Shaun of the Dead combined zombie movies with romantic comedies. Hot Fuzz focuses on two films within the same genre, Point Break and Bad Boys II. One might ask why Bad Boys II and not the original, and writer/director Edgar Wright has a perfectly reasoned answer.
Edgar Wright Talks Hot Fuzz
"Because Bad Boys II cost $130 million dollars," he said. "If you spend that much money smashing that many things up, you deserve an Oscar. True. Absolutely. Total vehicular carnage. There were some CGI cars but there were definitely a lot of great stunts in that."
In his take on cop movies, Wright uses famous musical cues like the Lethal Weapon theme. An interesting bit of trivia, that telltale clicking theme isn't even in one of the four Mel and Danny films.
"The Lethal Weapon theme is actually not from the film. It's the trailer score. There's a guy called John Eric Alexander. It's not Michael Kamen's score from the film. It's actually just music specifically done for the trailer. And that same composer did the music for the trailers for like Lethal Weapon, Die Hard, Bad Boys, but it's weird. Whenever I would think of cop films, I would think of that tick tick tick tick tick with the Warner Brothers logo. It's only on the trailers. Mind you that the other thing you always remember from the Lethal Weapon films is David Sanborn's sax riff as well. Ma-ne-ne. That's it."
In the film, by the books British cop Nicolas Angel (Simon Pegg) gets an action movie education from his new partner Danny Butterman (Nick Frost). By the time they solve the town mystery, it ends in an action spectacle that would make Jerry Bruckheimer cower in fear.
"The film cost like twice as much as Shaun of the Dead but the ambition in the script is probably five times that in terms of the amount of characters and the plot and the action. It was really tough and a real challenge and I came out of it with even more respect for the action directors that I love. Doing that stuff is really tough and doing it in the UK with the terrible weather was even worse. What's funny is in that end shootout in the town square is that we never really had the roads closed off. We didn't really have the money to close down. It's kind of like the center of that town so what's funny is that if you imagine every shot where you see if you can imagine behind the camera 50 school children and old ladies watching. It's really, really surreal. You have lots of French exchange students coming through all the time. It's really crazy."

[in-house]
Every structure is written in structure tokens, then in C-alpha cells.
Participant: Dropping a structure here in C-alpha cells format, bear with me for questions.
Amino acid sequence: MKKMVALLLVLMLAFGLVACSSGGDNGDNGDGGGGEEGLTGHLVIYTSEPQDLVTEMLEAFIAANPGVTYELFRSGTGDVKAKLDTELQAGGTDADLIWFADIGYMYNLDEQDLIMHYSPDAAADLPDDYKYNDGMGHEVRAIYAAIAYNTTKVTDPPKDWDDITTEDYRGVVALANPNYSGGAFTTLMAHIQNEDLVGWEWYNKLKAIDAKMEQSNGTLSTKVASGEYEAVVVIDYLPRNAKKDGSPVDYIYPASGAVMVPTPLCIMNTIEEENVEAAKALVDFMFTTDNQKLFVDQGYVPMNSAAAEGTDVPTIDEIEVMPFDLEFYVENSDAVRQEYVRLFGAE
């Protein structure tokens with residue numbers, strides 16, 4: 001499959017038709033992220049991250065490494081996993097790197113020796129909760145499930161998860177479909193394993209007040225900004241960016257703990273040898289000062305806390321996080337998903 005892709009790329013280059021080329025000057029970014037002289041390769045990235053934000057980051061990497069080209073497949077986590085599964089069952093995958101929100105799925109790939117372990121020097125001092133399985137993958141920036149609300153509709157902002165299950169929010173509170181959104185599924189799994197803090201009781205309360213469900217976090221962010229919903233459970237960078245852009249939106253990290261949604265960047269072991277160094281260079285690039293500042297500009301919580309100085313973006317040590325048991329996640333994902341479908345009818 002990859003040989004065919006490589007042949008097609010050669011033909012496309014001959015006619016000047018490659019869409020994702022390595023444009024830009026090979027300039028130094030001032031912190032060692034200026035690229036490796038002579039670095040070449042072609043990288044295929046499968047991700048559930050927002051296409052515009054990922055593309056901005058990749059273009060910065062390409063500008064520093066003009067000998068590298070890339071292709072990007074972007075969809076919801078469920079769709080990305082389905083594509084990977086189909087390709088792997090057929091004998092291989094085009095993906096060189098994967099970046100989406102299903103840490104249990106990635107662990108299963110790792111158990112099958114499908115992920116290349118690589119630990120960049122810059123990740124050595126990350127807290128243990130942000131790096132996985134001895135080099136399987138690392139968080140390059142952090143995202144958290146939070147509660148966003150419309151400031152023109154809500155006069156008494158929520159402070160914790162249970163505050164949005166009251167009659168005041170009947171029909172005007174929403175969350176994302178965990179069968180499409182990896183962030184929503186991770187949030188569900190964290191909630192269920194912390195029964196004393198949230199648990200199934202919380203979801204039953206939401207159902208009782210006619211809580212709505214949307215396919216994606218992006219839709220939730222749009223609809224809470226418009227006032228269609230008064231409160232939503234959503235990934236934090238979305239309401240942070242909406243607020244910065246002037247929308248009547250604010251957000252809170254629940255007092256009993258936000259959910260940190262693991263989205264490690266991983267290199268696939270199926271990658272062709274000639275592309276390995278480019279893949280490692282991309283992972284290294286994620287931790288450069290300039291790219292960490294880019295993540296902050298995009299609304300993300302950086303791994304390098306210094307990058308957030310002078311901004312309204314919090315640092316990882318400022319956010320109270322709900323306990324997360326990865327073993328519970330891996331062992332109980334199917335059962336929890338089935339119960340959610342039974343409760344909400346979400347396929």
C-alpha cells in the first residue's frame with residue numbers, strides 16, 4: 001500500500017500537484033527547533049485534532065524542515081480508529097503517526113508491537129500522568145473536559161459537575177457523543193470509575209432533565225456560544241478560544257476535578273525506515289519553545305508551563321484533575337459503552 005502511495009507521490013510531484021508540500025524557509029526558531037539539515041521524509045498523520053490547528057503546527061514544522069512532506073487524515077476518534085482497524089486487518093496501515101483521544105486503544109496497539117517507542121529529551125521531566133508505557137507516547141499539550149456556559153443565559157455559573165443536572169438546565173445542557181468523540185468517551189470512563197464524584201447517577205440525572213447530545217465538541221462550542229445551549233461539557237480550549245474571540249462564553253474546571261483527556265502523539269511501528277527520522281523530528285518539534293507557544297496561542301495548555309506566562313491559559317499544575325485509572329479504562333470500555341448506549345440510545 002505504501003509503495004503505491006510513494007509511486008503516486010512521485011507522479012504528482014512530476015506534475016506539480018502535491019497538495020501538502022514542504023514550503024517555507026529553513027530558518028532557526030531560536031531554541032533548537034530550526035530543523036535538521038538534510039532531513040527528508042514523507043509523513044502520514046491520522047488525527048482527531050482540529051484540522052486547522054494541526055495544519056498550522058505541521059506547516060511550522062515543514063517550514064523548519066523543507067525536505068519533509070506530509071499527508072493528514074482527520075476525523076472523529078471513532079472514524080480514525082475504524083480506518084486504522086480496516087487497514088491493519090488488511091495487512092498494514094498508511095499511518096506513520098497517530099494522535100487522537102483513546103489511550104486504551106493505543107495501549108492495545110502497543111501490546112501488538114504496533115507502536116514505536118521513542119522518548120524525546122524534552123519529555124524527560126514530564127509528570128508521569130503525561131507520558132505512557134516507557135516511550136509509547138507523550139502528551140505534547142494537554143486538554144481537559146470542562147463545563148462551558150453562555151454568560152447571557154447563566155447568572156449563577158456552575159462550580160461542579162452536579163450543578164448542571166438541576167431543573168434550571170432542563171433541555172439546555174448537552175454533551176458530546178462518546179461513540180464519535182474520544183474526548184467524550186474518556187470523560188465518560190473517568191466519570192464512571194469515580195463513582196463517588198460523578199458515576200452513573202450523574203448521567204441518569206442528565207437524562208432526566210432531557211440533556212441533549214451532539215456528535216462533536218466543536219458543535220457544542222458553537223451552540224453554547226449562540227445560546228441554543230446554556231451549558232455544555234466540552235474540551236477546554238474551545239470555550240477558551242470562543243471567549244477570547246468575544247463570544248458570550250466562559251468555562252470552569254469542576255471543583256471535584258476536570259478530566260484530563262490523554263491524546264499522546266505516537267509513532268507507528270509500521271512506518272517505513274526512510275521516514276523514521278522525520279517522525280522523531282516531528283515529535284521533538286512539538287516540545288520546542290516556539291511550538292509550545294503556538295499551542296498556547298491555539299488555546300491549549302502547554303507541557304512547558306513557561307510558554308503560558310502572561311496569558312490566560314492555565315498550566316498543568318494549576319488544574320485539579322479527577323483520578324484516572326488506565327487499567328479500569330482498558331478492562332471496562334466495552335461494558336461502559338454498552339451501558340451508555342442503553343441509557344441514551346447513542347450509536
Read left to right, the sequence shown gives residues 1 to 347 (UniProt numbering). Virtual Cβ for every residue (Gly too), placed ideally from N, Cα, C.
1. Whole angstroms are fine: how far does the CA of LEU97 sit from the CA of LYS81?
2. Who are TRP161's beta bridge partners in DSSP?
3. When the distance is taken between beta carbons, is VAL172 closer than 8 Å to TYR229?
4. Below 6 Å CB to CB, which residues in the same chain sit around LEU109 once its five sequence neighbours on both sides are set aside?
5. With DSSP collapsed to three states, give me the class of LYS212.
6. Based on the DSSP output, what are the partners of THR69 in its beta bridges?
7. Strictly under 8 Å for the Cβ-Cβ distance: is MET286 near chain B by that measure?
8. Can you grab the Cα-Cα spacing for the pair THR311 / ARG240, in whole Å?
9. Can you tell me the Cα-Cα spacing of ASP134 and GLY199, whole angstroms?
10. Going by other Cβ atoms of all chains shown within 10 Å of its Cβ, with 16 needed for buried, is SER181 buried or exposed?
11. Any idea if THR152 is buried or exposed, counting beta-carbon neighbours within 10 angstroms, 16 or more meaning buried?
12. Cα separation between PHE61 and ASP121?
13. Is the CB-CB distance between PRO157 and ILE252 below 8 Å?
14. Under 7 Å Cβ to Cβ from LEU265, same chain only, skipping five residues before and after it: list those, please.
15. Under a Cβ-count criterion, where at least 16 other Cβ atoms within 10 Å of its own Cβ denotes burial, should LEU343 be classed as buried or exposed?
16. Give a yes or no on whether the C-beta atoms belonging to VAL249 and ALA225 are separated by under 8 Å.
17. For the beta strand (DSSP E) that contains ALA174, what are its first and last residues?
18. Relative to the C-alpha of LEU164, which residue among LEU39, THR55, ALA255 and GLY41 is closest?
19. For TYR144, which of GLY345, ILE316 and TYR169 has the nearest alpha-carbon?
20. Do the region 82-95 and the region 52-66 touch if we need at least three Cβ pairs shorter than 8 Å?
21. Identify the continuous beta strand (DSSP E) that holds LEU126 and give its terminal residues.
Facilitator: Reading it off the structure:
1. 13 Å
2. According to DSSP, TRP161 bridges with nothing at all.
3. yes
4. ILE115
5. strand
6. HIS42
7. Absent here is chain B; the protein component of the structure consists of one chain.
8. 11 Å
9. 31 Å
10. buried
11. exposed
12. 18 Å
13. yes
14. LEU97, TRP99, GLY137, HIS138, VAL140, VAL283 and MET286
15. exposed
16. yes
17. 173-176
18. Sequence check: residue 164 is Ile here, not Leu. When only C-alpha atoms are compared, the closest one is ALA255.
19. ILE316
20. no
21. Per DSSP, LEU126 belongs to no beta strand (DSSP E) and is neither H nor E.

But in this version of the cop movie, we see the boys do all their paperwork. "When we conceived the idea there's a show in the UK called Heartbeat which is kind of like a really boring cop show about a cop in the country and it's sort of like Sunday afternoon TV. Our thing was what it Tony Scott had to direct Heartbeat. So it was to take a really sleepy mundane end of the cop work and amp it up. And we did research with real police officers whilst we were writing. We interviewed lots and lots of police officers both over the phone and in person. We went around London to some of the rougher neighborhoods and we went down to the country as well and we had this questionnaire for all of them and one of the questions was which part of the job have you never seen dramatized on the screen and every single one of them said the paperwork is 50% of the job. It's like being a teacher, actually teaching the kids is like half of it the rest of it is going [over papers]. So with that in mind, and I remember vividly we went to one rural station and there was this tiny room, smaller than this with like eight police officers all like hunched over their things kind of going like that. There were all in their star vests and stuff and it was just this forlorn image of these officers doing their paperwork. So that's was the idea of that. Let's make the paperwork the most exciting bit in the film to really amp it up."
Hot Fuzz opens to theatres on April 20th.
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